Thursday, May 2:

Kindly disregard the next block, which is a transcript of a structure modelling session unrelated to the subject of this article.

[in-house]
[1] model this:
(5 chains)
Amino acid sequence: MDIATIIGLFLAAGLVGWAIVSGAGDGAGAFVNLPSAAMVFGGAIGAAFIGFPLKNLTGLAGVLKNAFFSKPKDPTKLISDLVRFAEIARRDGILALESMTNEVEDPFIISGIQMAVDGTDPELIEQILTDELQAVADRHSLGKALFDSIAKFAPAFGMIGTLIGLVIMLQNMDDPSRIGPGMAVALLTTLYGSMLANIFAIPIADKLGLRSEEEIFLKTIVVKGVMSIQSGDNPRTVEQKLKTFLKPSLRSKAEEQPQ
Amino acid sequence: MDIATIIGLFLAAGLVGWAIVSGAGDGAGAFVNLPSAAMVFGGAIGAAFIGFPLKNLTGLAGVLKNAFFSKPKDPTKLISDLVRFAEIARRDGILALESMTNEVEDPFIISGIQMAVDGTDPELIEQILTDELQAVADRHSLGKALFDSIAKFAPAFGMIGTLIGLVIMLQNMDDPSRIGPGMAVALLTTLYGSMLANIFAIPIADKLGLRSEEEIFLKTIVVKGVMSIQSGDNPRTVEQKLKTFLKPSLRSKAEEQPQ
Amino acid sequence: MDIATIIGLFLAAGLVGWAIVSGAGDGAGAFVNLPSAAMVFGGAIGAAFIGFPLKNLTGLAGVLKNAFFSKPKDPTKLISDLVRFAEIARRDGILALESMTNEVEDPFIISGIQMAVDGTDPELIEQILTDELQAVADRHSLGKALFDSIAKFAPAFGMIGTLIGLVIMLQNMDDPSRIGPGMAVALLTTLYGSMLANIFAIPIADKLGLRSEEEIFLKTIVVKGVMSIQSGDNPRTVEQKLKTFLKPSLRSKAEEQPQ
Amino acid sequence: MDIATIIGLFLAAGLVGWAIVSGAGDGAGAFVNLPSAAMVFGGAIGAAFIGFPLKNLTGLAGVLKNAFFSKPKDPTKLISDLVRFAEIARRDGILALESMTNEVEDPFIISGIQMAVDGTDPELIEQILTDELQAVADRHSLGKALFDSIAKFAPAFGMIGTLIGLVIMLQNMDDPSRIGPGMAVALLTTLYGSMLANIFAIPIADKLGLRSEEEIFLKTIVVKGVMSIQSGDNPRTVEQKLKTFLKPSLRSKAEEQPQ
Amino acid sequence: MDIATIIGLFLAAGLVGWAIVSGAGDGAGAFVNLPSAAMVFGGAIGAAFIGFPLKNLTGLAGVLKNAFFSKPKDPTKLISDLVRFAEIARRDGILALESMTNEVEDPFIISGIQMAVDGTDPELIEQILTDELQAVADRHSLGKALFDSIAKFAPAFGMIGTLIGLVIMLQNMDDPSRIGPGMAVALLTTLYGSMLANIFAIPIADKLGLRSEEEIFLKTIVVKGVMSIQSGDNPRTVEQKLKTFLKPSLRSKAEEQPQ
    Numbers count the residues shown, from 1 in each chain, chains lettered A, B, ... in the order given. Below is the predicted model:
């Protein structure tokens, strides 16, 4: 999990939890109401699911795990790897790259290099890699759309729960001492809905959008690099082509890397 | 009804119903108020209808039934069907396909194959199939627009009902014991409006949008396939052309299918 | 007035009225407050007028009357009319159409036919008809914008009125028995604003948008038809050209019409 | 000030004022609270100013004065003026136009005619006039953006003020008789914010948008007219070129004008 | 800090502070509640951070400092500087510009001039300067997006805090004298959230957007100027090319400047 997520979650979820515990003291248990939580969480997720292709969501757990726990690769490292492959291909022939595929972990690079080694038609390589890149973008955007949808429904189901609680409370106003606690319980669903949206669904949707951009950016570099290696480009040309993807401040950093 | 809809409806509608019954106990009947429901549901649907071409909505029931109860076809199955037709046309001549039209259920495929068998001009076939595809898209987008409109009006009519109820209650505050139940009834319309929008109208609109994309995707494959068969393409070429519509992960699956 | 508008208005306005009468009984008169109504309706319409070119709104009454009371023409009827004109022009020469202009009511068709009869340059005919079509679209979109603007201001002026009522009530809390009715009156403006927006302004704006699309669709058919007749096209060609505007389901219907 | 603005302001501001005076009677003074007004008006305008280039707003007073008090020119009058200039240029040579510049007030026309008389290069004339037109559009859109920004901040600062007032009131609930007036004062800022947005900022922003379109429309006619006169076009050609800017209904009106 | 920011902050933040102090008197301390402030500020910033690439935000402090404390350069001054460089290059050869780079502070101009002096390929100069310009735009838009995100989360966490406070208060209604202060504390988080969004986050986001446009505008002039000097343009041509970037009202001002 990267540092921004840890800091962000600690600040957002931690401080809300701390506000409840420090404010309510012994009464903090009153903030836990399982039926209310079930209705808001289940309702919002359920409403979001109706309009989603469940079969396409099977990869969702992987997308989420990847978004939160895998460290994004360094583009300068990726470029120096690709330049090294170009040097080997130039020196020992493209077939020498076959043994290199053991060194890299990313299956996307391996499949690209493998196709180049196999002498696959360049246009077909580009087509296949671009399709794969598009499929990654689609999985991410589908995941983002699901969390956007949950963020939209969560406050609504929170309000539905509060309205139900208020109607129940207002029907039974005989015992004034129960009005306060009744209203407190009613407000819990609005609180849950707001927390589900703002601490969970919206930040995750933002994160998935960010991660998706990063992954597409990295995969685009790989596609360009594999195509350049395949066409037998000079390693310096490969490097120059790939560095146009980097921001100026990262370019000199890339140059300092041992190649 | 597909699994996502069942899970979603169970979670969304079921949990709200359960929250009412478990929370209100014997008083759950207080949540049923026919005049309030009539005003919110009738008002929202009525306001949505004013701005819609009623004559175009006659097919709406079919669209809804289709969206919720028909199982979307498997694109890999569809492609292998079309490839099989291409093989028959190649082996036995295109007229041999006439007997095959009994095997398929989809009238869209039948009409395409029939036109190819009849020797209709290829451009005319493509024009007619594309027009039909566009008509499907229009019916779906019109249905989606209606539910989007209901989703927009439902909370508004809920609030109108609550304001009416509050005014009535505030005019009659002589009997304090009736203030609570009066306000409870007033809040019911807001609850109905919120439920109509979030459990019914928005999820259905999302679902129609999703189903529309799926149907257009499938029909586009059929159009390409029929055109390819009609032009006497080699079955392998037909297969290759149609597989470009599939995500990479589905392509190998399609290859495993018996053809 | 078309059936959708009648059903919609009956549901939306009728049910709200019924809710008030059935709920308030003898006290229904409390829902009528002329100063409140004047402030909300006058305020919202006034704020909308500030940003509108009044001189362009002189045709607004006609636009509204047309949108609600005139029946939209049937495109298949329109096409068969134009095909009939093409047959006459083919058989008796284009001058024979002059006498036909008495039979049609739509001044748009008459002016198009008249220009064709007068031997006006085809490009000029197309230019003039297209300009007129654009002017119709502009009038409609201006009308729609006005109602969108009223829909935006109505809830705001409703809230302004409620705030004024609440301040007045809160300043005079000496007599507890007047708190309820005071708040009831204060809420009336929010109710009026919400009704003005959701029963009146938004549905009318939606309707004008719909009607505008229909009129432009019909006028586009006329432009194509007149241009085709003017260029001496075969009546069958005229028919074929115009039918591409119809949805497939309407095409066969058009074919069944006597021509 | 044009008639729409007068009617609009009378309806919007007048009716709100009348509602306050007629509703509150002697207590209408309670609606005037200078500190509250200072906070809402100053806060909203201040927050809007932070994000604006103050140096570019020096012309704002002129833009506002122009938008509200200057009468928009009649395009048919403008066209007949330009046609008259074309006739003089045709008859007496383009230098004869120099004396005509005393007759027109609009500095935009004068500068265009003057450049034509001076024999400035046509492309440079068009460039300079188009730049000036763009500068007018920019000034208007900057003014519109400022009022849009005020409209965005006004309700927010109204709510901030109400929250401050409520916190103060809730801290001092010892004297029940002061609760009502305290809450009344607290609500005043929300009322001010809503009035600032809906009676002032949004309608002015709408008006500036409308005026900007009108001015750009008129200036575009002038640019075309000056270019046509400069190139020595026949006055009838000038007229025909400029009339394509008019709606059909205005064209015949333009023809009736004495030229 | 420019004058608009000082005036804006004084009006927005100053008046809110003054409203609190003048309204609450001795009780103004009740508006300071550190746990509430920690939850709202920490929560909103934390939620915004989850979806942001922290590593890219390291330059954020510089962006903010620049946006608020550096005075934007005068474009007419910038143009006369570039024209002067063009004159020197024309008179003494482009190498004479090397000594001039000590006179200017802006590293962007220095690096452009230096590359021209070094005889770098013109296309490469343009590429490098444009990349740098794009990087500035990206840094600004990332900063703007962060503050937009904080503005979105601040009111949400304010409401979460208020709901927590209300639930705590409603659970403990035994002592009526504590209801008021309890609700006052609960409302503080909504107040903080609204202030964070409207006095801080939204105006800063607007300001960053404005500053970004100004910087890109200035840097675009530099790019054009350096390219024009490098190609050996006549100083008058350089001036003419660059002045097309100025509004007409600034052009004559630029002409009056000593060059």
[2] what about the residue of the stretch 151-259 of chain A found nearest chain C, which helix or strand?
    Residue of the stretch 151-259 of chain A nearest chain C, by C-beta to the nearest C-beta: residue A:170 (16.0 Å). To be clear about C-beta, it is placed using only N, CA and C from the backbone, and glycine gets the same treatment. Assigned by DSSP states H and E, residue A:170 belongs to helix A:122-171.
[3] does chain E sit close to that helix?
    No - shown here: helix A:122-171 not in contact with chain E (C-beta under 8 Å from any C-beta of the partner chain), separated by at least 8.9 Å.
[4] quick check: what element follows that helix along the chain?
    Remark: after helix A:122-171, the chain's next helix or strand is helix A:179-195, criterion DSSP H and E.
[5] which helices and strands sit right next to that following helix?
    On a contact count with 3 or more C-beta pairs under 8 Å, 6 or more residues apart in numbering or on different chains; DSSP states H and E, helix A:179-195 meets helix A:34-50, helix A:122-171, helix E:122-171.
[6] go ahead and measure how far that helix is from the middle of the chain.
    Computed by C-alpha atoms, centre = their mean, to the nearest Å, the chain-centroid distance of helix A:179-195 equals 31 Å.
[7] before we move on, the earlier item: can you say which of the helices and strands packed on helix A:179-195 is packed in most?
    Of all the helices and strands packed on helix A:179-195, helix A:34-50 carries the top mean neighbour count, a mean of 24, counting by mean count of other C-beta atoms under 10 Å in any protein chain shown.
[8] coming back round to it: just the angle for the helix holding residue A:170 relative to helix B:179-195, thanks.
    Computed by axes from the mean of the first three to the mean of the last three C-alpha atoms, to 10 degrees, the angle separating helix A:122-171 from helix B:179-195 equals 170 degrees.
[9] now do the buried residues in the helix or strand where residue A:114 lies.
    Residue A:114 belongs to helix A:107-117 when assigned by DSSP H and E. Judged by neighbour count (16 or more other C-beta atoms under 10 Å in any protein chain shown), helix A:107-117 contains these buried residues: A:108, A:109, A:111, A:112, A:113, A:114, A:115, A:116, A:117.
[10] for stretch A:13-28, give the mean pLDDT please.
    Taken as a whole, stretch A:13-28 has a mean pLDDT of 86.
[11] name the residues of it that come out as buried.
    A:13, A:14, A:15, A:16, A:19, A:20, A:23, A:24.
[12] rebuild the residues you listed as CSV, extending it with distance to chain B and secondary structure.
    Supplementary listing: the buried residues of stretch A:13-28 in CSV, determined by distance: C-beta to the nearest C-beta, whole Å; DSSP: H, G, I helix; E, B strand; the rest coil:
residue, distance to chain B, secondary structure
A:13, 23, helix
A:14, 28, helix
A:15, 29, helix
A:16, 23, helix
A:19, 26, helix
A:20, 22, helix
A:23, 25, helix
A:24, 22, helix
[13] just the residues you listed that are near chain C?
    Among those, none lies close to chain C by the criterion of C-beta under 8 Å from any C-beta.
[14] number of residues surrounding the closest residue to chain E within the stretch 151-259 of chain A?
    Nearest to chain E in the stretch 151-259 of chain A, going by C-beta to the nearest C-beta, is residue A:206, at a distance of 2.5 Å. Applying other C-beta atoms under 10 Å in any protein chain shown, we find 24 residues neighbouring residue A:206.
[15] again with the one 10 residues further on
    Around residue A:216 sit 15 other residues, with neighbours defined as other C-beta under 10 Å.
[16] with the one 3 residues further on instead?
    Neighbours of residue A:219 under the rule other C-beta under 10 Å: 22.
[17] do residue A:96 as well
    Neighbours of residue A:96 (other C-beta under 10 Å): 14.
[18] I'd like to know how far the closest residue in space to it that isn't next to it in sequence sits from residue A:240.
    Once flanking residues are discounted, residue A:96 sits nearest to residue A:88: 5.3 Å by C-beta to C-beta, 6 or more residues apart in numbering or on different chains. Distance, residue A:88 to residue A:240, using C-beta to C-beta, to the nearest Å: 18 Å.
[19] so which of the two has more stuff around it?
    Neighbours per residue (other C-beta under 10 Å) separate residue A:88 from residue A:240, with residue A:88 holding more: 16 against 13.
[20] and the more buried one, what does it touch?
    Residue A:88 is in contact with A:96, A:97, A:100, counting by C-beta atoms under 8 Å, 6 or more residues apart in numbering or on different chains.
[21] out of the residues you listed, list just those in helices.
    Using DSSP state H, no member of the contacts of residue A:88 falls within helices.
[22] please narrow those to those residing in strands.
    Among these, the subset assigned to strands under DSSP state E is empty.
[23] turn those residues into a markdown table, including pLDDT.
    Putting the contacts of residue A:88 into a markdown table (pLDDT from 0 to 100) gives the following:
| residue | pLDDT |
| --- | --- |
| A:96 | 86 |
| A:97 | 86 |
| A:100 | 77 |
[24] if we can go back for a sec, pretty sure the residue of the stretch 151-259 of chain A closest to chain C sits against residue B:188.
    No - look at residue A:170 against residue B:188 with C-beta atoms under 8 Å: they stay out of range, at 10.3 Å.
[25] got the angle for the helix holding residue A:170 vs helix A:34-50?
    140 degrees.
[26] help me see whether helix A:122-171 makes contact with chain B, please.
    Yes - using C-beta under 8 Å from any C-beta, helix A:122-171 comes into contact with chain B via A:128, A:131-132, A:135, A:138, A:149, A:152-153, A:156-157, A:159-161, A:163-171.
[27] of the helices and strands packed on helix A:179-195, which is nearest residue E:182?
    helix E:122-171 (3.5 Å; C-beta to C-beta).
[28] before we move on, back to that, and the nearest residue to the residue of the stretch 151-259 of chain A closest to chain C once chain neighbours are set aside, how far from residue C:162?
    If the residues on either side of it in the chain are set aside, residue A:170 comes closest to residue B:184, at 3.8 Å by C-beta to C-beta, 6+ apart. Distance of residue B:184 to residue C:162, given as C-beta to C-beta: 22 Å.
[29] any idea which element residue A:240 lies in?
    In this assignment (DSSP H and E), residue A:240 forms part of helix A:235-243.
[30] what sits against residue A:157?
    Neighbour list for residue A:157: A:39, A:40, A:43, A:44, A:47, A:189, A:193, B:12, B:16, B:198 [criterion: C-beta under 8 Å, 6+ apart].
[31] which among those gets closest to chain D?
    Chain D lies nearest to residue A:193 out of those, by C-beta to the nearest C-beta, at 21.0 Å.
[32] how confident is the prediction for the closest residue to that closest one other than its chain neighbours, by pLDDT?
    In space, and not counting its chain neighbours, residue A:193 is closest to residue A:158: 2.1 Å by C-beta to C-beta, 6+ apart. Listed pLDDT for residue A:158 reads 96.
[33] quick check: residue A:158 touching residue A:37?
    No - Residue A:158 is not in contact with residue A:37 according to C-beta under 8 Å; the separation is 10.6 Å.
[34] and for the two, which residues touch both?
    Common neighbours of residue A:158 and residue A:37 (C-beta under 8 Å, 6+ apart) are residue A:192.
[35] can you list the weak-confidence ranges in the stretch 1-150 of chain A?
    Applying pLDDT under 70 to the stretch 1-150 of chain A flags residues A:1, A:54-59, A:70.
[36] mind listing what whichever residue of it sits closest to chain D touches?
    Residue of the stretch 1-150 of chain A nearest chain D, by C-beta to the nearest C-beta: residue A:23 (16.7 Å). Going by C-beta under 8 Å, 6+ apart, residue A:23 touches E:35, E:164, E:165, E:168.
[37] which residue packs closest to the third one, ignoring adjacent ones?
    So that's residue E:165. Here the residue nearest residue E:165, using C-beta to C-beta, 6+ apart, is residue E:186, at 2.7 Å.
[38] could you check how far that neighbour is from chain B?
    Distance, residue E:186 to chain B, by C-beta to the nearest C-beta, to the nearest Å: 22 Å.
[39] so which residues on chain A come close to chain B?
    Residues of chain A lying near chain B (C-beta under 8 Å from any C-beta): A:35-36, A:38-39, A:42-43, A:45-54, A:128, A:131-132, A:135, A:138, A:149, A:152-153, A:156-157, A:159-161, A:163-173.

After visiting the very extensive and super interesting museum in the Capitol building, we planned a day trip West to see the Salt Lake itself and the Bonneville Salt Flats. This early in the year the lake is still very cold and renting boats wasn’t very appealing. Luckily there is a decent museum and visitor center with lots of great information on the history and formation of the Salt Lake. Shortly after leaving the Salt Lake, heading towards the salt flats, our engine temperature gauge spiked and flashed a high temp warning at us. The problem we thought we fixed two weeks ago has returned, a devastating turn of events after we were finally confident that the issue was resolved. We drove 15 minutes to a local repair shop, but they couldn’t determine the issue. We decided to (carefully) drive another 20 minutes to a nearby Dodge dealership to have manufacturer-trained people to look at and repair our car/home. They figured that the problem was likely a malfunctioning coolant pump, but they wouldn’t be able to get the replacement part until tomorrow and couldn’t star the repair till Monday. In the meantime, they suggested bleeding the coolant system of any residual air (which we had attempted previously). Not wanting to commit to a weekend parked outside of the dealership we decided to drive back towards Salt Lake City. If we are going to waste an entire weekend waiting for van repairs, let’s at least do it in a walkable city and not a car-dependent suburb. Well, after driving 15 minutes and having the engine temp spiking again we stopped to bleed the air as suggested. Getting back on the road, it was quickly apparent that the situation was now worse than ever! Elisha grabbed the fire extinguisher as a safety precaution, and we pulled onto some gravel beside a highway on-ramp to wait for the engine to cool down. We called the dealership to let them know we’d be coming back and committed to repairs on Monday. Despite our hopes, it looks like we’ll be spending the next 4 days in Tooele, Utah. Luckily, the dealership was very understanding of our unique situation living with our cat in the van, and they let us stay the weekend in their parking lot. At least there were nice views of the surrounding mountains, and we had a Walmart and Panda Express nearby for our bathroom breaks...